A list of key points to ask your financial adviser to-be
We believe every single one of us has financial goals and plans, including you. Some of us focus on one goal at a time, others have multiple goals they want to achieve at the same time – like buying a house, a vehicle, , retirement planning, investment, and many more.
However, having multiple goals is quite tricky if you don’t manage your finance well. That’s why financial advisers exist in this world: to help you manage and reach your financial goals. On the other hand, choosing a financial adviser is another story. There are many things to consider before signing a contract with one. Read on below to find a list of key points to ask a financial adviser before saying yes to their service.
Experience and qualifications
You have every right to know where the adviser went to get their diploma or degree and whether they studied relevant fields – accounting, economy or others. A credible adviser will gladly let you know about their education and financial courses or training they have taken to meet continued professional development (CPD) requirements.
You should also ask about their current and past clients, whether they’ve advised clients with similar problems as you, what advice they gave them, and what financial products or institutions they referred their clients to. This will help you get a better view of how the financial adviser handles their clients.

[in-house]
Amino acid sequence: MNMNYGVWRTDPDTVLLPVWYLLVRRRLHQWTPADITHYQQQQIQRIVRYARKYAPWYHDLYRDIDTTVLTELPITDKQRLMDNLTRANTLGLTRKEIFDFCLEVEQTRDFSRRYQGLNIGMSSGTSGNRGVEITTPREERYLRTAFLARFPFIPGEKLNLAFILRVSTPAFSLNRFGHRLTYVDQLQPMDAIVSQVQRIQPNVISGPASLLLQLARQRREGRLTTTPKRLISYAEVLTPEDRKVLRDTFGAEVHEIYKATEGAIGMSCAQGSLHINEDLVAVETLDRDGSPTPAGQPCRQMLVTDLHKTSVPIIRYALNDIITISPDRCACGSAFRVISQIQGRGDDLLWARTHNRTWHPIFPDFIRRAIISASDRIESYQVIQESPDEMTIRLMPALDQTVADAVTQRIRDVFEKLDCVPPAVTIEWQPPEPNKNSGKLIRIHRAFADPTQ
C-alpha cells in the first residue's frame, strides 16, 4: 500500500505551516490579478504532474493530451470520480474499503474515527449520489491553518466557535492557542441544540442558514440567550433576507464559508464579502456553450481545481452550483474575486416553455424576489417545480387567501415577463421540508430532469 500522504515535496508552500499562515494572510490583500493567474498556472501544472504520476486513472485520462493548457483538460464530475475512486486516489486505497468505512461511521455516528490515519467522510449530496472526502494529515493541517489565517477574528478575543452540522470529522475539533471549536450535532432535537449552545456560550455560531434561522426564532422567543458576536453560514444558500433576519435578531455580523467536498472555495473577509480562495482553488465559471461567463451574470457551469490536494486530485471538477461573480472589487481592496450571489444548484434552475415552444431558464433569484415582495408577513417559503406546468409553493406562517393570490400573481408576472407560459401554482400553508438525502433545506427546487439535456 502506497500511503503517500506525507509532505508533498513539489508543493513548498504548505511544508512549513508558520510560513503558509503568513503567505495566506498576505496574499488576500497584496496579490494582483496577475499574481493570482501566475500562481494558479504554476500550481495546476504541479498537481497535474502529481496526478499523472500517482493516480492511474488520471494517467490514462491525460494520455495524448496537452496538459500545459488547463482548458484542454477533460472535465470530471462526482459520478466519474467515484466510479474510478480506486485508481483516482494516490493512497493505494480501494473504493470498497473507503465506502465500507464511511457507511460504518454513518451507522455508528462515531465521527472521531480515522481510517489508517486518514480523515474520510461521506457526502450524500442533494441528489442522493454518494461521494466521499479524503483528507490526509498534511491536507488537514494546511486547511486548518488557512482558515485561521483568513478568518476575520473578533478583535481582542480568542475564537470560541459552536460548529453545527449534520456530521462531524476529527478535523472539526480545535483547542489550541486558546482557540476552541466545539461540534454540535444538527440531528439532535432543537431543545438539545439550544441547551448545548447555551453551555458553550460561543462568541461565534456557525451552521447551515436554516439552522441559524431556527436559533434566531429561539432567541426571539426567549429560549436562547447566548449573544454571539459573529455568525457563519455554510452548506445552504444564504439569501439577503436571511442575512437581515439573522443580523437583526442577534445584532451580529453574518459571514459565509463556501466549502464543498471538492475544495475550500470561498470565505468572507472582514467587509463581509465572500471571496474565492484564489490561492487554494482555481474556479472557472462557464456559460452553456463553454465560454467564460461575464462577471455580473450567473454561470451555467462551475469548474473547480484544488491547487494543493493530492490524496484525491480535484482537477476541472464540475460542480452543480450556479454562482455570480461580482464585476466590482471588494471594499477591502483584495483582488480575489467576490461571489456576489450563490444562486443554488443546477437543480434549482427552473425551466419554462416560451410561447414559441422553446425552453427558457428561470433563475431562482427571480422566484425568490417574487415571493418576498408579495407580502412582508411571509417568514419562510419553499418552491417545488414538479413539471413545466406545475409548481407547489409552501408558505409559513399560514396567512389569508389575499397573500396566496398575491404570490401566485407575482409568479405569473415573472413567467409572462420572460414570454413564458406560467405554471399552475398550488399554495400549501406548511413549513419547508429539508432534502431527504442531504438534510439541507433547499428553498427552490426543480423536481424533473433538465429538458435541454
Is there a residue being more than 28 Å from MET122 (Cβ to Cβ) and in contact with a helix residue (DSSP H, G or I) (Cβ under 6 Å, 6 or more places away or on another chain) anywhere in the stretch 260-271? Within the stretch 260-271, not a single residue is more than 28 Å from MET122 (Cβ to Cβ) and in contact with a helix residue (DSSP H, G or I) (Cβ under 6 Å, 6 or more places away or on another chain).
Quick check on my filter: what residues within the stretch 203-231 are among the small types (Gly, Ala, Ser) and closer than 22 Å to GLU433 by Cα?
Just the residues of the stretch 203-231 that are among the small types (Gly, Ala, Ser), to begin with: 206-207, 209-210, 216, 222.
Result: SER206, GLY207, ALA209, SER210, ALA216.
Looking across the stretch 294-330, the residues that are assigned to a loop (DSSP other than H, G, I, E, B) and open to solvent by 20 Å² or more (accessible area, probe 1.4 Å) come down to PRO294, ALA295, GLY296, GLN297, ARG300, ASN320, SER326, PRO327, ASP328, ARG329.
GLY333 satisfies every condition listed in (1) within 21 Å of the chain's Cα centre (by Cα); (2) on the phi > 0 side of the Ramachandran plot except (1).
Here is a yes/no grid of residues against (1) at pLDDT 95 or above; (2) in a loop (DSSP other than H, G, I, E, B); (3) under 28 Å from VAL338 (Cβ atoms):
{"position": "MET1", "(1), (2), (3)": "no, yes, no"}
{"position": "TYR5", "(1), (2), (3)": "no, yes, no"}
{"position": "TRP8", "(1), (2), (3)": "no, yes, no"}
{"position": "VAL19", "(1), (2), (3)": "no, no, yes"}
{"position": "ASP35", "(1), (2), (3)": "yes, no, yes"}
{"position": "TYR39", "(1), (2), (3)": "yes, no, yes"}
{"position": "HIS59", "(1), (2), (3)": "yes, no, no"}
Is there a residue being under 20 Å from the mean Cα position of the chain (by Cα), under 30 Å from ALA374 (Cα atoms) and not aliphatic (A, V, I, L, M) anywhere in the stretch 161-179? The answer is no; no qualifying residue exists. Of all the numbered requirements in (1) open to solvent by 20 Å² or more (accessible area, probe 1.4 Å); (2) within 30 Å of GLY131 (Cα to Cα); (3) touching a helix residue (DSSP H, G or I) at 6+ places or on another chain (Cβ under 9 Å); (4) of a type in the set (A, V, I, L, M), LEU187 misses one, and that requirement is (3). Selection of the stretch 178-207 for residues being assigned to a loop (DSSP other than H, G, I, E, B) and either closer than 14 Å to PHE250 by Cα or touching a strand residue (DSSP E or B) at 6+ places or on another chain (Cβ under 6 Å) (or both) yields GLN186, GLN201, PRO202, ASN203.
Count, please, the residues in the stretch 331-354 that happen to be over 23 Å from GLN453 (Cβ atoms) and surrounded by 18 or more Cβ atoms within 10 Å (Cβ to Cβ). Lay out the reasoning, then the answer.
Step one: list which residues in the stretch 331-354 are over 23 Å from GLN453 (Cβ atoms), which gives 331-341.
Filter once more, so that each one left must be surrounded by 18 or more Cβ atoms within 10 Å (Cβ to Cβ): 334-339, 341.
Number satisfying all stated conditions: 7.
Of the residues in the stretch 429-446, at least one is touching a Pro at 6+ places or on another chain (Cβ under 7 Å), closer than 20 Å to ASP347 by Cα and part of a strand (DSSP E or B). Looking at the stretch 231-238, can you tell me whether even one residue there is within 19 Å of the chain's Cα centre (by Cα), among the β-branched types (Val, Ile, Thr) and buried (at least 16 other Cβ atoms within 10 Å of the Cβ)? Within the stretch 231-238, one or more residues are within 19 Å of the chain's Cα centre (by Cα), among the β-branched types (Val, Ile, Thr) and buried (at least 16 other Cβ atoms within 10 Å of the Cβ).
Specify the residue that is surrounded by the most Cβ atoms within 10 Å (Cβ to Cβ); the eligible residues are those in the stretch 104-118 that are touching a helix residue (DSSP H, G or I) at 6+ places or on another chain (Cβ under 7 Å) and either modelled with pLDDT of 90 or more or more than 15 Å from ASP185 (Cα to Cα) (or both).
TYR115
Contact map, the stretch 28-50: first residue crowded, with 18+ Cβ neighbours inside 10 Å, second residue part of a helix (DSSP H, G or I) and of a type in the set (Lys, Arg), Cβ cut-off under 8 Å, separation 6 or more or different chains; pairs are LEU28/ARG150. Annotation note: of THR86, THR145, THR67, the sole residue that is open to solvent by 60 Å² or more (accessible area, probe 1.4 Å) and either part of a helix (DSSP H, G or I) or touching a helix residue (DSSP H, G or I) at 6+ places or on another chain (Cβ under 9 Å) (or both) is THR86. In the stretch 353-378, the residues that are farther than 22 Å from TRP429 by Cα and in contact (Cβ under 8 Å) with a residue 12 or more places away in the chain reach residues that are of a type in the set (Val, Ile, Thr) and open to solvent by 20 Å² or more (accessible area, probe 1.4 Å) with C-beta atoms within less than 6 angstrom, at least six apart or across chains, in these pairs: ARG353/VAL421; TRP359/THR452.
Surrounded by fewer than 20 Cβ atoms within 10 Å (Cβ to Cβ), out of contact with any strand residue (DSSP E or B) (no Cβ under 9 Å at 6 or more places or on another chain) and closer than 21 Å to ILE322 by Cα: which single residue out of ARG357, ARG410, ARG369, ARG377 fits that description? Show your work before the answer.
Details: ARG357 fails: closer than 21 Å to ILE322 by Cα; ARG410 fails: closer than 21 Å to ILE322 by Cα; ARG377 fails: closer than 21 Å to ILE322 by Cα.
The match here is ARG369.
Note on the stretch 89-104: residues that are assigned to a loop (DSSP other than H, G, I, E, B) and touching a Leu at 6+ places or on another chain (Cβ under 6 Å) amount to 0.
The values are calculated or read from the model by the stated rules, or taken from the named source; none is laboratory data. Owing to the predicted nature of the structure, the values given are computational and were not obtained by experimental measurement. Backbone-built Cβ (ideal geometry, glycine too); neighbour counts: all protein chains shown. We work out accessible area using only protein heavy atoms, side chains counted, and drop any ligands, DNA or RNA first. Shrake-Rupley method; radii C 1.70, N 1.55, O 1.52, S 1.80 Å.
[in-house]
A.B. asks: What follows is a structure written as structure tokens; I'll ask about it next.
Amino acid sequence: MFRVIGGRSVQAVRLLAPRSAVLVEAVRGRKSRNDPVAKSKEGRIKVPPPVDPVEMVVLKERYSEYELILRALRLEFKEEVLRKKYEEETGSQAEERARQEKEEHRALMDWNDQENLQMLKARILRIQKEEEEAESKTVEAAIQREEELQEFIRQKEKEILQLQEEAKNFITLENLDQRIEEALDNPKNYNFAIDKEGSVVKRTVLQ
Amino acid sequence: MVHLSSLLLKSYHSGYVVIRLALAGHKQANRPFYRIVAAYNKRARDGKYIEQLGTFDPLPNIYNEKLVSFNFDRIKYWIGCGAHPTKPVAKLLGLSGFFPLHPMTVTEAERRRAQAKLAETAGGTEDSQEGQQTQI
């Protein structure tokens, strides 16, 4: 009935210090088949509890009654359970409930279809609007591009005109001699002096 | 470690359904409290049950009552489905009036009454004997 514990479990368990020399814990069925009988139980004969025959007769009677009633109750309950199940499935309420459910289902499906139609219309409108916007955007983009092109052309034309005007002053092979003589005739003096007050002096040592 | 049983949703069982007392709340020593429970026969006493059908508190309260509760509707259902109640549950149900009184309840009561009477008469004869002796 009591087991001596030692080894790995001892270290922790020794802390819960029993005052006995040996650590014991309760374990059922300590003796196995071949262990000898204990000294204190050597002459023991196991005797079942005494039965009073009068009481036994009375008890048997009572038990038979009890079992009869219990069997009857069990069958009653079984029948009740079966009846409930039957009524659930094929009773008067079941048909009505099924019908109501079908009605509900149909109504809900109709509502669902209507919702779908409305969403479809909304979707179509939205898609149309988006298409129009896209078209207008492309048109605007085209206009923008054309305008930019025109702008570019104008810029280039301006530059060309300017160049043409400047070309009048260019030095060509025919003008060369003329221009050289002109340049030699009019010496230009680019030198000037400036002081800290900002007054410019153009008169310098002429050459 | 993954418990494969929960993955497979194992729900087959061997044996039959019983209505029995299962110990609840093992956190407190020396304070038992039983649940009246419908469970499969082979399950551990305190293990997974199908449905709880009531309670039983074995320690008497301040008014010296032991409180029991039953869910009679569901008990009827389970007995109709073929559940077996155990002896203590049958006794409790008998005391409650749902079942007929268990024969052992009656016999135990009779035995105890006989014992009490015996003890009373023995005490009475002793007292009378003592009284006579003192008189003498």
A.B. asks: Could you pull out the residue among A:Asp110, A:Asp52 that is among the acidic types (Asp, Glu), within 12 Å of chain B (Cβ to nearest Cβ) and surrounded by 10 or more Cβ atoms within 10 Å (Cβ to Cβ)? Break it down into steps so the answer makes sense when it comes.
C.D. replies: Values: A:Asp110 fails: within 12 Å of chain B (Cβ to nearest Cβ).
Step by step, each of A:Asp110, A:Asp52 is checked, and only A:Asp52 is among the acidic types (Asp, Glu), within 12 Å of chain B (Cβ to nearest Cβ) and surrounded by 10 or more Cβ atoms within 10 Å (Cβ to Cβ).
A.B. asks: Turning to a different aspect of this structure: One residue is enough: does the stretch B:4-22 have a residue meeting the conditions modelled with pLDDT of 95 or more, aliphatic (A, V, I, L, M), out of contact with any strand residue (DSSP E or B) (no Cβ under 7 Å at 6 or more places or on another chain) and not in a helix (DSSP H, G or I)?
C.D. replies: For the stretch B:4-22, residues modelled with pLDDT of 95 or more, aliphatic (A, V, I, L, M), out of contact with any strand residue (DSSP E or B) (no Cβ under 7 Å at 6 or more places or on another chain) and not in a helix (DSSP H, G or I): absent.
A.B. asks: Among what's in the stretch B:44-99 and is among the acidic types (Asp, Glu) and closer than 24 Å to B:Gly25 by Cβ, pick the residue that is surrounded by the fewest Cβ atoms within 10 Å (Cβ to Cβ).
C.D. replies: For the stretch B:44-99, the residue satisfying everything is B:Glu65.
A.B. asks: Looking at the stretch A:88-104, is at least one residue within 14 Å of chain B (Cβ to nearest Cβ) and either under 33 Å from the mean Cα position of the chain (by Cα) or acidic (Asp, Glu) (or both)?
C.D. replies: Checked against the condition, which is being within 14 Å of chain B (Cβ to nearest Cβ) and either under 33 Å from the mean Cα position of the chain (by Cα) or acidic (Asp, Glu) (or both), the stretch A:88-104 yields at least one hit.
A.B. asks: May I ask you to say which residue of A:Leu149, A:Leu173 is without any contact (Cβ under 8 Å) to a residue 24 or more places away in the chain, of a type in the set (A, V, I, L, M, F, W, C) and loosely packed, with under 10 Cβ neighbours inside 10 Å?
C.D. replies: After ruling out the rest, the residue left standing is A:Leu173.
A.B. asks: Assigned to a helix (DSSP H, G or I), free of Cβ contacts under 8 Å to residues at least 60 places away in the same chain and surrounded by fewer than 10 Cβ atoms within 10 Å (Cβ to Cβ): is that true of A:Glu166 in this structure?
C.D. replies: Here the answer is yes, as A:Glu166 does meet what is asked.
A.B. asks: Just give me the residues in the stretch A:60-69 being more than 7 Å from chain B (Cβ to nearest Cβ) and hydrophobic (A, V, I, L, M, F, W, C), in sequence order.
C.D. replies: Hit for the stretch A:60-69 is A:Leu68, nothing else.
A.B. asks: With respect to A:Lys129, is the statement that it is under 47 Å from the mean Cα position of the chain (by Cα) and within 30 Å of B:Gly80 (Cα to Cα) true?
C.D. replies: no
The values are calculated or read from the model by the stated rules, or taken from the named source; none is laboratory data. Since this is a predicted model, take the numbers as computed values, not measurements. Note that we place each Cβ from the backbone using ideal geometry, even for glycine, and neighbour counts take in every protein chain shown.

Their approach to clients
Every client has different needs and goals. It’s important to get to know an adviser’s approach to a unique client, so you get a picture on how they will work with you.
A good financial adviser should be able to understand all your financial goals, help you sort and prioritize them, communicate with you if some goals aren’t realistic and provide you with alternatives, and create strategies to help you achieve your goals in a timely manner. If you agree and follow the adviser’s advice, you should be able to contact them if you have any questions or complaints about the financial products they’ve recommended to you. You and your adviser should also have regular financial reviews to see how your plans progress.
Recommended financial products and adviser’s incentive
It is very common for a financial adviser to receive an incentive from financial institutions if they make sales, especially if they are in-house financial advisers. In-house advisors usually work for banks or other financial institutions, so they tend to recommend products from the company they work for. But never, ever agree to an adviser’s advice without asking questions.
If your adviser recommends an in-house product, ask them how this recommendation will benefit you and how other products are not better than their in-house products. You are also allowed to ask whether they receive any incentive or benefit from the product they recommend. Ask your adviser to compare several products, help you understand the pros and cons of each product, and leave the final decision for you to make.
Remember that a good financial adviser never makes you do anything. Their job is to help you understand the financial options you have, and every recommendation they give should drive you towards your financial goals. So, never blindly follow an adviser’s recommendation because, at the end of the day, you are the decision-maker.